These results suggest that most students know a lot about tsunamis, perhaps due to heavy media coverage. However, there are no data to prove this beyond the perception of a marked difference in students’ interest before and after 2004 as suggested by their questions in class.

Many students hold two significant misconceptions: (1) that tsunamis are affected by climate change, and (2) that tsunamis are becoming more frequent. This suggests that the true causal mechanism of tsunamis remains unclear, and that students may be erroneously assuming, in reaction to the increased visibility of tsunamis in the media, that their rate of occurrence has increased.


New visual media, such as YouTube and Google Earth, present geoscience educators with an opportunity to engage students in the understanding of dynamic Earth processes in powerful new ways. However, after 2004, traditional and new media have transformed the term “tsunami” into a household word that is now commonly used by people all over the world and in a broad range of nongeologic contexts. In spite of this popularity, students still hold challenging misconceptions about why, and how often, tsunamis occur.

References Cited

  1. Barrow, L., and Haskins, S., 1996, Earthquake knowledge and experience of introductory geology students: Journal of College Science Teaching, v. 26, p. 143–146.
  2. Cervato, C., Ridky, R., and Jach, J., 2009, News media databases for content selection and relevance in introductory geoscience courses: Journal of College Science Teaching, v. 39, p. 34–37.
  3. Clark, S., 2010, A shift in scientific literacy: Earthquakes generate tsunamis: Eos (Transactions of the American Geophysical Union), v. 91, p. 316–317.
  4. Corriere della Sera, 2011, Berlusconi: 100 rimpatri al giorno Appello a Tunisi: «Èuno tsunami umano»: Corriere della Sera, 2 Apr. 2011, http://www.corriere.it/politica/11_aprile_01/immigrazione-piano-cabina-regia_ef3d7c94-5c38-11e0-b06c-b43ad3228bba.shtml.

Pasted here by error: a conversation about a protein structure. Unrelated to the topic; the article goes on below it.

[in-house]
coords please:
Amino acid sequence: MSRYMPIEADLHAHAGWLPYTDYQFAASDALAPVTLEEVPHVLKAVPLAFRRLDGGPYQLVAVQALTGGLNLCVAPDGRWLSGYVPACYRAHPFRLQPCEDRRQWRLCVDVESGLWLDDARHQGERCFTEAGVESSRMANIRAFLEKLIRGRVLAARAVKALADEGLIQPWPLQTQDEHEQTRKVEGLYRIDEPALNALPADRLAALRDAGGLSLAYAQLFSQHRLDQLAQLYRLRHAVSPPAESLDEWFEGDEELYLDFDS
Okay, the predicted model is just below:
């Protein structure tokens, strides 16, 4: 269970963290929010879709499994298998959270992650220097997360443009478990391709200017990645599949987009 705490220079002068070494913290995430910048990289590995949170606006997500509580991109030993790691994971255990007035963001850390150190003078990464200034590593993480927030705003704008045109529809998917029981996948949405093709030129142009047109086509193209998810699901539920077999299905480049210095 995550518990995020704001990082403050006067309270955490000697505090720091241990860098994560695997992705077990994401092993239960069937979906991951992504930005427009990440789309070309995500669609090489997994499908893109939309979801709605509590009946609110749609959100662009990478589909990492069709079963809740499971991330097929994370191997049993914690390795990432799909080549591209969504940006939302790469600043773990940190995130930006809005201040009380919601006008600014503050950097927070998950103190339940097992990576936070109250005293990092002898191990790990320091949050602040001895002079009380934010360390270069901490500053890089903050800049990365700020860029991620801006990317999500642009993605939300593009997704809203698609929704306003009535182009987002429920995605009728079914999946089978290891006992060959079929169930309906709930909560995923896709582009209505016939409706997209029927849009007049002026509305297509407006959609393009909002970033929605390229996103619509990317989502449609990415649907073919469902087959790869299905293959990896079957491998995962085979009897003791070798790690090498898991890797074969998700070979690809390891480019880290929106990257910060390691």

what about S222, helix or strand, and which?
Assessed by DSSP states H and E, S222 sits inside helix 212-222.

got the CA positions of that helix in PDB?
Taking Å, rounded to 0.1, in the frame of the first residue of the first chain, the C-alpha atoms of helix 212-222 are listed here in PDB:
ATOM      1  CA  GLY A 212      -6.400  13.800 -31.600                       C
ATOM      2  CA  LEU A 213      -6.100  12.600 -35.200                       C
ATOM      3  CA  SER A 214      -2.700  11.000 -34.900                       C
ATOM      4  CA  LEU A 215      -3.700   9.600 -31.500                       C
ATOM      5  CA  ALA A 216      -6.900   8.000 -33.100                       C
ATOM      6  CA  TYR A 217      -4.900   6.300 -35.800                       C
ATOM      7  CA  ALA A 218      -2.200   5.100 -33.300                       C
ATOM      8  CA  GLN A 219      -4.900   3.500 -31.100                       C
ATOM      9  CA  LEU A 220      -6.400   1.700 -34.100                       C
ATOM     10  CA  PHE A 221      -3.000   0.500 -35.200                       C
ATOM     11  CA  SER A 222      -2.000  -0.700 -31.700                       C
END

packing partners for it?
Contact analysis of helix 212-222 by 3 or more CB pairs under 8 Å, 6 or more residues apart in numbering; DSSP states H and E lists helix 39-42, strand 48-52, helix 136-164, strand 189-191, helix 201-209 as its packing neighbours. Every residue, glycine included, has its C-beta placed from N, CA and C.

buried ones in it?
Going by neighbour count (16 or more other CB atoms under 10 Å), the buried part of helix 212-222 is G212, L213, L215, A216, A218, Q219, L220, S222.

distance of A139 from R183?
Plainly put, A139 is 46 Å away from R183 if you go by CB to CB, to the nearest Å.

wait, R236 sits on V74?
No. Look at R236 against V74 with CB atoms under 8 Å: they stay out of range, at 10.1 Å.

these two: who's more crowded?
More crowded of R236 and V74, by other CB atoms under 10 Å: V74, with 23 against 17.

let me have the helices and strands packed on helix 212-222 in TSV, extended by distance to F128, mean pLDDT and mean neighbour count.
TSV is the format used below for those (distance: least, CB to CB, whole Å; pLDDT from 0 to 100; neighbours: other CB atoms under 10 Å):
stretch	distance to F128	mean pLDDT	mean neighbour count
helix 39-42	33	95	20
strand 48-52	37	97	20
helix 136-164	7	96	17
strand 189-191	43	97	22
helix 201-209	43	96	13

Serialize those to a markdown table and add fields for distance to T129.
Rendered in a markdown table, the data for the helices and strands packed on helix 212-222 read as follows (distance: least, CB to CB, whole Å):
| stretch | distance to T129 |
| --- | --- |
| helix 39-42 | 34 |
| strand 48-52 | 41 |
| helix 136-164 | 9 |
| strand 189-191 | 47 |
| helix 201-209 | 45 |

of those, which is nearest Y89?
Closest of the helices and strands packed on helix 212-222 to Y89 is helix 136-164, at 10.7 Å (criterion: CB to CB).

5. Githongo, J., 2011, The perfect storm is coming, are you ready?: The East African, 14 Feb. 2011, reprinted in The State of Hope blog, http://johngithongo.wordpress.com/2011/02/16/the-perfect-storm-is-coming-are-you-ready/.
  6. Houston, J., Pfefferbaum, B., and Reyes, G., 2008, Experiencing disasters indirectly: How traditional and new media disaster coverage impacts youth: The Prevention Researcher, v. 15, no. 3, p. 14-17.
  7. Lee, O., 1999, Science knowledge, world views, and information sources in social and cultural contexts: Making sense after a natural disaster: American Educational Research Journal, v. 36, p. 187–219.
  8. Marshak, S., 2001, Earth: Portrait of a Planet (first ed.): New York, W.W. Norton, 735 p.
  9. Marshak, S., 2008, Earth: Portrait of a Planet (third ed.): New York, W.W. Norton, 832 p.
  10. National Research Council, 1996, National science education standards: Washington, D.C., National Academies Press, 262 p.
  11. Parham, T., Cervato, C., Gallus, W., Larsen, M., Hobbs, J., and Greenbowe, T., 2011, Are movies and popular media driving students’ poor understanding of volcanic processes?: Journal of College Science Teaching, v. 41, no. 1, p. 14–19.
  12. Welch, M., 2006, What happens to animals during hurricanes?: Science Scope, v. 29, no. 5, p. 14–19.